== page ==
As of August 11, 2017, the Centers for Disease Control (CDC) is reporting that 141 people in nineteen states have confirmed cases of strains of salmonella traced back to papayas imported from Mexico. Victims range in age from 1 to 95 with a median age of 39. So far, 45 people have been hospitalized (32 percent) and one victim from New York, has died, the Daily Hornet reports.
Based on the information gathered to date, the CDC is advising consumers not to eat Maradol papayas from the Carica de Campeche farm. If there is a question concerning the origins of the papaya, the agency is recommending to consumers and restaurants, when in doubt, throw it out.
The Caribena papayas were recalled on July 26, and could be identified by a red, green, and yellow sticker. The Cavi papayas were recalled on August 5, and could be identified by a purple, green, and black sticker with the words “Cavi MEXICO 4395 in white.
The states with confirmed cases of the salmonella outbreak are Connecticut, Delaware, Iowa, Kentucky, Louisiana, Maryland, Massachusetts, Michigan, Minnesota, North Carolina, New Jersey, New York, Ohio, Oklahoma, Pennsylvania, Texas, Virginia, and Wisconsin.
The U.S. Food and Drug Administration (FDA) recalled Valery® Maradol papayas after previously recalling Caribena® and Cavi® brands of Maradol papayas all from the same farm in Mexico. The Valery papayas were distributed by Freshtex Produce LLC, according to the FDA. Confirmed illnesses began May 17, reports Food Safety News. The Valery brand papayas were recalled on August 7 and can be identified by a red, yellow, and green sticker with “Valery” in yellow letters
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Increase of Imported Foods in the U.S.
Imported foods are making up a larger part of the average American’s diet with nearly $50 billion in food imported in 2014. However, this practice comes at a price, with recent widespread foodborne illnesses being traced back to strawberries, scallops, and other whole foods that are imported to this country.
A bi-partisan piece of legislation, the Food Safety Modernization Act (FSMA) was designed to increase scrutiny of imported foods, however, Congress has not adequately financed this part of the program. President Trump’s proposed budget for 2018, cuts $83 million from the FDA’s food safety programs, making the threat of illnesses caused by pathogens such as E.coli, salmonella, and listeria potentially greater.
Since 2011, Mexican papayas have routinely been screened for salmonella as part of the importing process, says the FDA. Maradol papayas are large, oval fruit that weigh three pounds or more. They have green skin that becomes yellow when ripe. The fruit is salmon-colored inside. Areas where Maradol papayas have been stored should be carefully sanitized.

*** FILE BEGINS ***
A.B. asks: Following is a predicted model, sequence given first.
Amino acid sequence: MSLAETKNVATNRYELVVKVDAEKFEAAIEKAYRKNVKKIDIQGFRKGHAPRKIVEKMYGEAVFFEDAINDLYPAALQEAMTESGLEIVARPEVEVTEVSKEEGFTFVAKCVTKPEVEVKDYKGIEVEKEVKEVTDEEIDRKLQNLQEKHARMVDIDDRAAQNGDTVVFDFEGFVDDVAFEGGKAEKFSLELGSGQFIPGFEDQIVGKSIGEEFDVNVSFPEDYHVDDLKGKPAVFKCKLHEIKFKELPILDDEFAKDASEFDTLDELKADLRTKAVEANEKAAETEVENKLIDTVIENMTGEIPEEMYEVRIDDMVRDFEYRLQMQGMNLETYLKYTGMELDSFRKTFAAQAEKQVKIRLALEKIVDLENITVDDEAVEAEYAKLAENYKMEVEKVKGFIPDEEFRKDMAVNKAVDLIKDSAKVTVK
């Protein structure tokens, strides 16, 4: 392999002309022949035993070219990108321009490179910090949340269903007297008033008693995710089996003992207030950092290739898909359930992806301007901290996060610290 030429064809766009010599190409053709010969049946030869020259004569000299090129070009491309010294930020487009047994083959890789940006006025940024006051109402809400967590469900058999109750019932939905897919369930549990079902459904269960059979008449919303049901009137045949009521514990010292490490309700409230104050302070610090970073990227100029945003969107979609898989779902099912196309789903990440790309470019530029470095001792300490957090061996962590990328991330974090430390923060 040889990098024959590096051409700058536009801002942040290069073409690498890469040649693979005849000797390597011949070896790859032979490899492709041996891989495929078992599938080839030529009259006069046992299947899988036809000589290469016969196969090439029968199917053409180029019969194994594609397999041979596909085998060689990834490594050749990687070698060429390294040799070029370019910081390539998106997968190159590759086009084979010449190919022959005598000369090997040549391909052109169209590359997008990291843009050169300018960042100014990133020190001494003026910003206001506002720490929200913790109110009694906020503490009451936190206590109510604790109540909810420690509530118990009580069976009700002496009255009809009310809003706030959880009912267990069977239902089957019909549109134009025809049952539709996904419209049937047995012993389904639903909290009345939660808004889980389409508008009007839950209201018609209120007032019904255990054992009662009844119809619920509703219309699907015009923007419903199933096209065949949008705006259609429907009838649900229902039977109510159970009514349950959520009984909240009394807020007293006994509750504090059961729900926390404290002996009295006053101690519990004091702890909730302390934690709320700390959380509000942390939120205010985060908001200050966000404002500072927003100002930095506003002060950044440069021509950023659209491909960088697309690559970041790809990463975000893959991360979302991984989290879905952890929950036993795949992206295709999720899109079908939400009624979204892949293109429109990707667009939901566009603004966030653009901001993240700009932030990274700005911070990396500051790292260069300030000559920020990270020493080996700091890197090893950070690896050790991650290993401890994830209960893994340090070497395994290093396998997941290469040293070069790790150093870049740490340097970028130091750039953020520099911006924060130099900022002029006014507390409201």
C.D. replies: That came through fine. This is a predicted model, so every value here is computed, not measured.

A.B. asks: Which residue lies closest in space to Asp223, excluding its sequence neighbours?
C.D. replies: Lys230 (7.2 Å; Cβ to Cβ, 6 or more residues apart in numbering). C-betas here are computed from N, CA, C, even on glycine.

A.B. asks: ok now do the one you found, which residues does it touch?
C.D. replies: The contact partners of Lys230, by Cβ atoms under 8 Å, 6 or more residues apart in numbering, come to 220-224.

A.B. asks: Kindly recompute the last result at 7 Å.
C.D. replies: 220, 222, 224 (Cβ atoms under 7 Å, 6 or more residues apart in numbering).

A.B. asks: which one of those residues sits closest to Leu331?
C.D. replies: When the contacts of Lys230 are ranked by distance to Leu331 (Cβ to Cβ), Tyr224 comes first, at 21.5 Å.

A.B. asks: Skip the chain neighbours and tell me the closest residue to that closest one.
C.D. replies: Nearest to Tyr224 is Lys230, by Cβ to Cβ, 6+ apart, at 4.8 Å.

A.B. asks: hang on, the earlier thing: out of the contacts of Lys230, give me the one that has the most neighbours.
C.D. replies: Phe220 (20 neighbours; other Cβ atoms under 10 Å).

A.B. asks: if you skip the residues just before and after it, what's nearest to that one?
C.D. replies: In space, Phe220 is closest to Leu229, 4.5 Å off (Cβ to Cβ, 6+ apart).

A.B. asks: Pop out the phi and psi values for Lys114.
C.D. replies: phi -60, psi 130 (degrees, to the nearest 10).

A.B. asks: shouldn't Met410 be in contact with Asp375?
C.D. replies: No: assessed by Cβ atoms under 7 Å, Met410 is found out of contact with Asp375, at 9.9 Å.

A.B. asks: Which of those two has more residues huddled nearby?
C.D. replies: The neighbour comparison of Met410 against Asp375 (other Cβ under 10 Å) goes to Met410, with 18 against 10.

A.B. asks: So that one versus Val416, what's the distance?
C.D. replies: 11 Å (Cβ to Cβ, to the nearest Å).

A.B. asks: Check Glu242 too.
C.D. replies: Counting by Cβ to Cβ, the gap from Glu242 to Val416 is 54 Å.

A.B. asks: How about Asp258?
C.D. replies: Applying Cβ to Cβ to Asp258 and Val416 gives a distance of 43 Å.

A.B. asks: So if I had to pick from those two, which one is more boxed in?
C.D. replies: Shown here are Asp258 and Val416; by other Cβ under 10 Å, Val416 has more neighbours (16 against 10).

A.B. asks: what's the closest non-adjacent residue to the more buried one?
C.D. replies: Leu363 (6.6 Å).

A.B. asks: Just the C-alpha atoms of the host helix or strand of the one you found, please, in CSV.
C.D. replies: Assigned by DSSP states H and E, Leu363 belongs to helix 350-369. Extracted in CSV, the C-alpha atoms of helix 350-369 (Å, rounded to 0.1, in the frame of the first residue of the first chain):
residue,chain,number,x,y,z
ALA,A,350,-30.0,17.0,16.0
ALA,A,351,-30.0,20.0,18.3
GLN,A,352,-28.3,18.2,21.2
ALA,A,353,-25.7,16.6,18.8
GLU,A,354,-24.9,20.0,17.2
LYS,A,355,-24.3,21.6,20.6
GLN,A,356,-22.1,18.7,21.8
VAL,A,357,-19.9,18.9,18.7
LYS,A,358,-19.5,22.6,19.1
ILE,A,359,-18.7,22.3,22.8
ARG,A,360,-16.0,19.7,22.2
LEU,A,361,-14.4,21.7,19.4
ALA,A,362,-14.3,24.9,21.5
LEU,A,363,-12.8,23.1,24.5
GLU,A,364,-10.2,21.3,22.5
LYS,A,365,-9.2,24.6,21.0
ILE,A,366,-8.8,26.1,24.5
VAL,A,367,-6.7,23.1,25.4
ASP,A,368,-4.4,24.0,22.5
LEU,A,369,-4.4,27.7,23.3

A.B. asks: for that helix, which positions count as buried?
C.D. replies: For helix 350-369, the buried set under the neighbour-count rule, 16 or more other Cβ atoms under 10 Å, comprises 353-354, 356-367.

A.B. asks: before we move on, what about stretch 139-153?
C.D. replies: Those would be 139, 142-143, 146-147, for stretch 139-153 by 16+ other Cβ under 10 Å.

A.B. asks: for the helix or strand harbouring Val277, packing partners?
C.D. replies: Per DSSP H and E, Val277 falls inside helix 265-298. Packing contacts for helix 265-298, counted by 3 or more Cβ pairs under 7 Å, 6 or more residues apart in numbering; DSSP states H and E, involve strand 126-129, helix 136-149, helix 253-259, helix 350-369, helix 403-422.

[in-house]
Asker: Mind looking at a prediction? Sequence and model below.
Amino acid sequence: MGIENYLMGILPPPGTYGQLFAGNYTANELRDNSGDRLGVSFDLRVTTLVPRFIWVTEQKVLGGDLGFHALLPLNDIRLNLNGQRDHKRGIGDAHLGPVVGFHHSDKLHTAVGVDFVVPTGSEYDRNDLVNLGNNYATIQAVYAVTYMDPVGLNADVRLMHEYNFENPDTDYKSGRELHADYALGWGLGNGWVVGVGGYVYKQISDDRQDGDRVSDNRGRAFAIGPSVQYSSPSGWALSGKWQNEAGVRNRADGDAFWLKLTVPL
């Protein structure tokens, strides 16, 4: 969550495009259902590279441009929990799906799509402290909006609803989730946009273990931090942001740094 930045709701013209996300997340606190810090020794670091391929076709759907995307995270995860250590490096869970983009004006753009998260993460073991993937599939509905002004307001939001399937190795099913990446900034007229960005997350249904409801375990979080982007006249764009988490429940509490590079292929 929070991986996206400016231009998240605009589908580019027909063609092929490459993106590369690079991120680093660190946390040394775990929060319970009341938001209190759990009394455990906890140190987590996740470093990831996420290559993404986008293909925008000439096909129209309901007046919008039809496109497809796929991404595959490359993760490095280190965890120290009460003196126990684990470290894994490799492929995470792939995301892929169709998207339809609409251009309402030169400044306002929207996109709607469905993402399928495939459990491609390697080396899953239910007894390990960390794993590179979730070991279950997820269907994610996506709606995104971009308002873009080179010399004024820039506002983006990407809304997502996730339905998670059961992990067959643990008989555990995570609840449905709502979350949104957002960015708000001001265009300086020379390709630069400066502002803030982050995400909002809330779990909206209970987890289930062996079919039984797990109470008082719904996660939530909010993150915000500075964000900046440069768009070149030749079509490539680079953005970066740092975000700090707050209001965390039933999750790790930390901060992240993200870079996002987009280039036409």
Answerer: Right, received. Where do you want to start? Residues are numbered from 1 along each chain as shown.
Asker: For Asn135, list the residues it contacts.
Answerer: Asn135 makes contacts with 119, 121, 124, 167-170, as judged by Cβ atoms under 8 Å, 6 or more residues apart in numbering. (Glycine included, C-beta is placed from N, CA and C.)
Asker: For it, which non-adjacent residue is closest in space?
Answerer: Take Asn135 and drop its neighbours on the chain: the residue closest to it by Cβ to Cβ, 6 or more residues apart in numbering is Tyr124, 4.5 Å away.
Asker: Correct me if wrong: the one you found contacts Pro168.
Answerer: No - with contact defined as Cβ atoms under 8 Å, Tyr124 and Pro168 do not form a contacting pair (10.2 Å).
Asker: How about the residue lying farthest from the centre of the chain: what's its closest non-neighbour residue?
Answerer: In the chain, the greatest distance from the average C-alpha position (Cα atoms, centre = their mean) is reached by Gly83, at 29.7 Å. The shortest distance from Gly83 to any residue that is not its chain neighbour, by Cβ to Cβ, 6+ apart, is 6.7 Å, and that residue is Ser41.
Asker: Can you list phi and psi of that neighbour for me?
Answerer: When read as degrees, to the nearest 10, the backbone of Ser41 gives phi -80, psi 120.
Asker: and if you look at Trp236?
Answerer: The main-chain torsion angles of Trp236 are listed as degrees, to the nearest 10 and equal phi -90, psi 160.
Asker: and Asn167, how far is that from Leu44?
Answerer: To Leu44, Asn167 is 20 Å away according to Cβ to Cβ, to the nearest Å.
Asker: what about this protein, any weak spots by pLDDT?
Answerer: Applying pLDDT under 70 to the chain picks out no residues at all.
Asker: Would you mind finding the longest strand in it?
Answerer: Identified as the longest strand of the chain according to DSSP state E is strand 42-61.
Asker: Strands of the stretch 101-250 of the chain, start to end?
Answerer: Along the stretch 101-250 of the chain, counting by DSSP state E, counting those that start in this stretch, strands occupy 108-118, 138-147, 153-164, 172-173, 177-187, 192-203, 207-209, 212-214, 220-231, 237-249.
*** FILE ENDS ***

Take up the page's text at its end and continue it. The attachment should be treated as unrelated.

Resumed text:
What is Salmonella?
Salmonella is a bacteria that causes an infection called salmonellosis. Salmonella can live in a variety of conditions, including in water, soil, raw meats, raw poultry, eggs, animal feces, insects, and raw seafood. Most people infected with salmonella develop symptoms within 12 to 72 hours of infection, and the illness usually lasts from four to seven days, reports CNN. Symptoms include diarrhea, fever, and abdominal cramps. In some rare cases, salmonella spreads beyond the gastrointestinal tract and may cause a deadly illness.
Most people recover without any medical treatment, but in some cases, particularly in people with weak immune systems, the bacterial infection can make its way into the bloodstream. This can trigger more serious illnesses that may be deadly, according to the Centers for Disease Control and Prevention (CDC). In these rare occurrences, the more severe illnesses may include arterial infections, such as infected aneurysms, endocarditis, and arthritis, the Daily Hornet reports.
Additional papaya brands may be recalled, according to federal officials. The regulators continue efforts to determine what other distributors or importers may have brought papayas from the implicated farm. The overall size of the ongoing outbreaks of infections from Salmonella Kiambu and Salmonella Thompson bacteria have tripled since the CDC’s first announcement. Public health officials anticipate the number of victims to continue to increase, according to Food Safety News.
Legal Information and Advice Involving Food Recalls
If you or someone you know suffered illness connected to a food recall, you may be eligible for compensation. Parker Waichman LLP personal injury lawyers offer free, no-obligation case evaluations. We urge you to contact us at 1-800-YOURLAWYER (1-800-968-7529).